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Possible Duplicate:
How can I repair grub? (How to get Ubuntu back after installing Windows?)

I upgraded my laptop with an SSD, moving my old HDD to where the DVD-drive was, so that I could have speed and storage.

Now, I have reinstalled Ubuntu on the SSD, deleting all the partitions on the old HDD to make space for a data partition. But now the laptop doesn't even get to GRUB 2 if the HDD is plugged in! If I take it out, everything works, but as soon as I plug it in and retry to boot, I won't find GRUB.

At first, I thought it was because of the boot order, but the order was OK: first the notebook hard drive (SSD) and then the CD/DVD drive (which in reality is the HDD).

How can I fix it?

Doing a simple grub-install /dev/sda doesn't work.. The SSD is sda, and the HDD is sdb.

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marked as duplicate by RolandiXor, hexafraction, Mitch, Anwar Shah, RobotHumans Sep 21 '12 at 20:07

This question has been asked before and already has an answer. If those answers do not fully address your question, please ask a new question.

You missed a step, which was to update the grub configuration file. This is really a duplication question of this one:… . Have a look at that and try the grub update after chrooting into the file system on the SSD – fabricator4 Sep 21 '12 at 3:01
The cited possible duplicate is only a duplicate if this questioner has a sufficiently similar problem. I don't think that's probably the case. – John S Gruber Sep 21 '12 at 5:19
Wow, how is this got closed? The problem OP's having is totally different, in fact, Ubuntu is the only OS on his machine and GRUB is properly installed on the SSD. – Sergey Sep 22 '12 at 20:54

The fact that the machine boots without the HDD plugged in suggests that GRUB is indeed installed correctly on your SSD and the problem is in the boot order, i.e. your HDD is probed first, BIOS finds (non-functional) GRUB there and passes control to it.

Please note that even if you installed the HDD into the bay where DVD drive used to be, it will still be seen as hard drive by BIOS. Some BIOSes have two separate menus for setting boot order - one where you choose between Hard Drive, CD/DVD and USB boot, and another separate menu where you can specify order of hard drives.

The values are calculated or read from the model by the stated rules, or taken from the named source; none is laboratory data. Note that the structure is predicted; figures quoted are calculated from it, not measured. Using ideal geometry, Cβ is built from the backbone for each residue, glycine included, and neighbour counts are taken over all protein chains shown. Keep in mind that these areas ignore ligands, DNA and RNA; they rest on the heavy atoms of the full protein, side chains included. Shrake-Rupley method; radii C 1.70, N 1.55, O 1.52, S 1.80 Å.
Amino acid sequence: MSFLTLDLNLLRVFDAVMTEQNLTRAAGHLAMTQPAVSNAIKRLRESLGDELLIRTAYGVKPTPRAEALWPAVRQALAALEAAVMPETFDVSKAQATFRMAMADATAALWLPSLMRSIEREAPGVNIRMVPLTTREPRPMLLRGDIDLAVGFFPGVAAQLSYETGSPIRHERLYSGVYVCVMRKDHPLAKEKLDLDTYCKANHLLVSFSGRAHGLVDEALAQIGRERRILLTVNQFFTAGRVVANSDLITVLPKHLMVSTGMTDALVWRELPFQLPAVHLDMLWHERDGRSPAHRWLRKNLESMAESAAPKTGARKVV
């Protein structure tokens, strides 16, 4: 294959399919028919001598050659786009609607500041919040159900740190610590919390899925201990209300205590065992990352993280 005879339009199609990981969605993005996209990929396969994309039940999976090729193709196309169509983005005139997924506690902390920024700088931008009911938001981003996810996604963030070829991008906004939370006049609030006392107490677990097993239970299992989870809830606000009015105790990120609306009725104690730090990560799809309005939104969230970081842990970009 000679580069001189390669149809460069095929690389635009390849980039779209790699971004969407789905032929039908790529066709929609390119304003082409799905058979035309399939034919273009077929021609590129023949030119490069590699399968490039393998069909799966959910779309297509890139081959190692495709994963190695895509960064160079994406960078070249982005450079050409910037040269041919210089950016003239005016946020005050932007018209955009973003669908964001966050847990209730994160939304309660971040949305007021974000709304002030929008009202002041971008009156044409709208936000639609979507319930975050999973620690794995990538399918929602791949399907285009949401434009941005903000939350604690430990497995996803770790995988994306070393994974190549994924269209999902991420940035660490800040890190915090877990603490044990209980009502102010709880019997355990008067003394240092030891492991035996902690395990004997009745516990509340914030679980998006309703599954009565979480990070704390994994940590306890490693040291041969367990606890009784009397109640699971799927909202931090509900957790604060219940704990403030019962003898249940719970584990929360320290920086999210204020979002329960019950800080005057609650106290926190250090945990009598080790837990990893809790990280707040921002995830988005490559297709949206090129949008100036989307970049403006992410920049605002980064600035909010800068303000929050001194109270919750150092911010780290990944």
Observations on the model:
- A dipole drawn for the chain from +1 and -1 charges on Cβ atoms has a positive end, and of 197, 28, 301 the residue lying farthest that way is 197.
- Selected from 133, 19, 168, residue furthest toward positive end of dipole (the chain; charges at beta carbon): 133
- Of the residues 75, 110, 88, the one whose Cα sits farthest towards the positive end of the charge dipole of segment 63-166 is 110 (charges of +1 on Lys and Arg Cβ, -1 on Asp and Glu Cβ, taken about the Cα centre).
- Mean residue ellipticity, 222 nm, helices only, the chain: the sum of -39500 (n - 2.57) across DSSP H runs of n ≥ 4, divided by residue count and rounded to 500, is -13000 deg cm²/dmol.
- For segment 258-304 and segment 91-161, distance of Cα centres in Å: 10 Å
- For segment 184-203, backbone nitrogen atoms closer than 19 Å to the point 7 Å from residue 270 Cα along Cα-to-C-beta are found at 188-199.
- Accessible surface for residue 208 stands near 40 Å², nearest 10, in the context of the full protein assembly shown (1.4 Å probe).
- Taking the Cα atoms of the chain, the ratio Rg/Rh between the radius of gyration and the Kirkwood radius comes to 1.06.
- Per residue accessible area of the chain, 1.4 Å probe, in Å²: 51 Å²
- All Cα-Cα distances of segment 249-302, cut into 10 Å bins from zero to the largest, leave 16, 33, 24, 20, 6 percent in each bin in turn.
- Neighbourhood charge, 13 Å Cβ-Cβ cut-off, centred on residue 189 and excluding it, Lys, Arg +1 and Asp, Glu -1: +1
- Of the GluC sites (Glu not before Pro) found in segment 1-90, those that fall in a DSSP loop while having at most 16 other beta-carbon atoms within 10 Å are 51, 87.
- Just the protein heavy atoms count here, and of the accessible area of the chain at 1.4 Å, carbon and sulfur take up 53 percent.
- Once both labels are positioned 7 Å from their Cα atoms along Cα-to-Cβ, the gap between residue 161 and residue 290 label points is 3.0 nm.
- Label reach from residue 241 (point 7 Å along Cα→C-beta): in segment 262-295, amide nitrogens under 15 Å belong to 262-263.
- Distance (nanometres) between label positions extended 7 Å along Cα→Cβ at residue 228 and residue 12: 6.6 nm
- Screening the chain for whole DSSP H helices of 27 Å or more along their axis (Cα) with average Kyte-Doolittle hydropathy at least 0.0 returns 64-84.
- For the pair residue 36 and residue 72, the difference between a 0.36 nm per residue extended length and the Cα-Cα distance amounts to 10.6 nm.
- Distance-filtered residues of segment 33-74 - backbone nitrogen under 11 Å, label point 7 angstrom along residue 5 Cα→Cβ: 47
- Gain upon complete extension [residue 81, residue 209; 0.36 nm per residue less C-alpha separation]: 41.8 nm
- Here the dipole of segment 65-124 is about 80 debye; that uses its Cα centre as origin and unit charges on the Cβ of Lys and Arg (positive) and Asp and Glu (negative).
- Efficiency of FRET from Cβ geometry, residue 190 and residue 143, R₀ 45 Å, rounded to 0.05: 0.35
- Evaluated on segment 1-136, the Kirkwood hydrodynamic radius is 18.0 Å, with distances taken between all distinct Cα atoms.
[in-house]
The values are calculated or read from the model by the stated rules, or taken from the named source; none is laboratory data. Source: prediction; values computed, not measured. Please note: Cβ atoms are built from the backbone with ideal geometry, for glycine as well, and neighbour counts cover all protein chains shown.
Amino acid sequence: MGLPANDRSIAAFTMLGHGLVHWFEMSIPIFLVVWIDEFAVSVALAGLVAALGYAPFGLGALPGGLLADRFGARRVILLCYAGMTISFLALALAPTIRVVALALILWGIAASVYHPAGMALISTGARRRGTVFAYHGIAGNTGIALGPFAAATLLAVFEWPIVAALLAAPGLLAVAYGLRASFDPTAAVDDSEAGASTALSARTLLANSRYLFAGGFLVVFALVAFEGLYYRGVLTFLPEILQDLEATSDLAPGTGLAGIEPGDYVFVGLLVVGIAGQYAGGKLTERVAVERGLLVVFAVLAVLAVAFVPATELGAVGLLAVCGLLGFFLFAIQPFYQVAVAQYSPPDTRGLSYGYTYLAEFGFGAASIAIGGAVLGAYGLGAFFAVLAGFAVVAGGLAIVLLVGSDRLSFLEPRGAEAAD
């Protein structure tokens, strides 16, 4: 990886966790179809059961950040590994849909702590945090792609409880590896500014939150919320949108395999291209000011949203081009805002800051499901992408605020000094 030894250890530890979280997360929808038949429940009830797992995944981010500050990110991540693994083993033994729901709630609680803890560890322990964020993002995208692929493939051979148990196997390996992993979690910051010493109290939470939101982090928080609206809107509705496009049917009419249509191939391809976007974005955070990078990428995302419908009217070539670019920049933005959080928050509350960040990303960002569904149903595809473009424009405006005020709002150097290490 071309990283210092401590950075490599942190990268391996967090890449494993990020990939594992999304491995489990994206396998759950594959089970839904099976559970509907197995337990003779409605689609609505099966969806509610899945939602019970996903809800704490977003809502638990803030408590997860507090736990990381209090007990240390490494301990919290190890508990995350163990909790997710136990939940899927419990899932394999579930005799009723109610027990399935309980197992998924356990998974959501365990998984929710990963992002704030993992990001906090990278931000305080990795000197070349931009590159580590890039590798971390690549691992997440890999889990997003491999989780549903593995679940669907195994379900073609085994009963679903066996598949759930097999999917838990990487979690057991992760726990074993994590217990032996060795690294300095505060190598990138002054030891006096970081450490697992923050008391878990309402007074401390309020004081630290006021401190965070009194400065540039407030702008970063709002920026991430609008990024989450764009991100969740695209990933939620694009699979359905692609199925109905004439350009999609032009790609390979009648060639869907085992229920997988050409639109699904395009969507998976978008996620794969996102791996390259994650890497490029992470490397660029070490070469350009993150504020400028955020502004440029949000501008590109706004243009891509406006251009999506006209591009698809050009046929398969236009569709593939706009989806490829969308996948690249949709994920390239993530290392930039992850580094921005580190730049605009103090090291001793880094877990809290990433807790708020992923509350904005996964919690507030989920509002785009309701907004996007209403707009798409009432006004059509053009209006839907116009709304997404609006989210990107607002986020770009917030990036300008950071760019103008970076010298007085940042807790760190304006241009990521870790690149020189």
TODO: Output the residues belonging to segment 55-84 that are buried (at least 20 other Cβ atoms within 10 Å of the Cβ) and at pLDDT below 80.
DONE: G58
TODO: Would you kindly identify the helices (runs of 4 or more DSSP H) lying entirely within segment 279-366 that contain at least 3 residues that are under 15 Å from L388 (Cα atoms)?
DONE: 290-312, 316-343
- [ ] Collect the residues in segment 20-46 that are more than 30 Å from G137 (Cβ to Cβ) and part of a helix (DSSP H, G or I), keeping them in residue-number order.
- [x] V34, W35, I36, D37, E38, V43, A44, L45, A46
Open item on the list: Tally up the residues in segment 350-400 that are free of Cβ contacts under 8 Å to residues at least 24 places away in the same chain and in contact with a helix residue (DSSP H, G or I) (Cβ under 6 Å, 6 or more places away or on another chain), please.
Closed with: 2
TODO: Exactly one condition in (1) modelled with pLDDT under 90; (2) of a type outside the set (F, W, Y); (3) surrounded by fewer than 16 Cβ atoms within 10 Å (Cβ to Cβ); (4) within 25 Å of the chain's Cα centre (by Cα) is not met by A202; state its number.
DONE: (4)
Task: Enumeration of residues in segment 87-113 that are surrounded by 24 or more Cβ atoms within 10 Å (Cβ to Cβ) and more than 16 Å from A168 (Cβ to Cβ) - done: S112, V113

I strongly suspect that you have Hard Drive on the top in the first menu, but in the second menu your HDD takes precedence over the SSD.

enter image description here

In the picture above, apart from making [Hard Drive] the Fist Boot Device, you also need to go into Hard Drive Boot Priority sub-menu and make sure your SSD takes priority over the HDD.

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I agree with Sergey that your BIOS is passing control over to the MBR on the HDD if it is plugged in, rather than to the SSD. If you can't change a BIOS setting as Sergey suggests I think you will have to install Grub to a tiny partition on the HDD (one with just a /boot and a /boot/grub directory can suffice. Note that the disk order as seen by the operating system once it boots doesn't necessarily match the disk order as seen by grub. – John S Gruber Sep 21 '12 at 4:16
My BIOS doesn't let me change this setting,so i had to install grub to the it works,but it feels so much like a workaround. – uahug Sep 22 '12 at 13:45
Still,thank you very much! :) – uahug Sep 22 '12 at 13:46
I'd like to point out that I never saw a BIOS without an option to change hard drive priority. It doesn't mean no such BIOS exist but it must be pretty rare. Sometimes the option is tucked away somewhere in another screen, maybe you have another look. Another thing to try would be to swap the drives - connect the SSD to the cable where HDD is and vice versa. – Sergey Sep 22 '12 at 20:59

I suggest you do a complete format to the HDD and then try again. It is possible that the partitions on the HDD still contain information that confuses the grub loader.

If that doesn't help you will HAVE to have the grub installed on the HDD, when both HDD and SSD are present (while the rest of the OS on the SSD). So, sudo grub-install /dev/sdb etc. It is possible that although the SSD is sda and the HDD is sdb both are on the same SATA/IDE channel and the BIOS give priority by default to the HDD based on the device type.

Another option you can try is Grub Customizer first. It is a graphical tool for customizing grub. But since the grub itself is not the problem but getting to it is, it may be irrelevant. Here is the info anyway:

Installation of the graphical 'grub-customizer' tool:

sudo add-apt-repository ppa:danielrichter2007/grub-customizer
sudo apt-get update
sudo apt-get install grub-customizer
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The first two paragraphs are just totally utterly wrong :) – Sergey Sep 21 '12 at 3:39

Does the computer pass the boot-time hardware check when the HDD is plugged in? Do you see a command prompt (like grub>)? Try the HDD on another device if possible. Maybe HDD is damaged. And try update-grub instead of grub-install.

If you want to use grub-install, though, you should have the partition that contains the /boot directory mounted. e. g. if the /boot directory is in the /dev/sda1, then:
sudo mount /dev/sda1 /mnt
sudo grub-install --root-directory=/mnt/ /dev/sda

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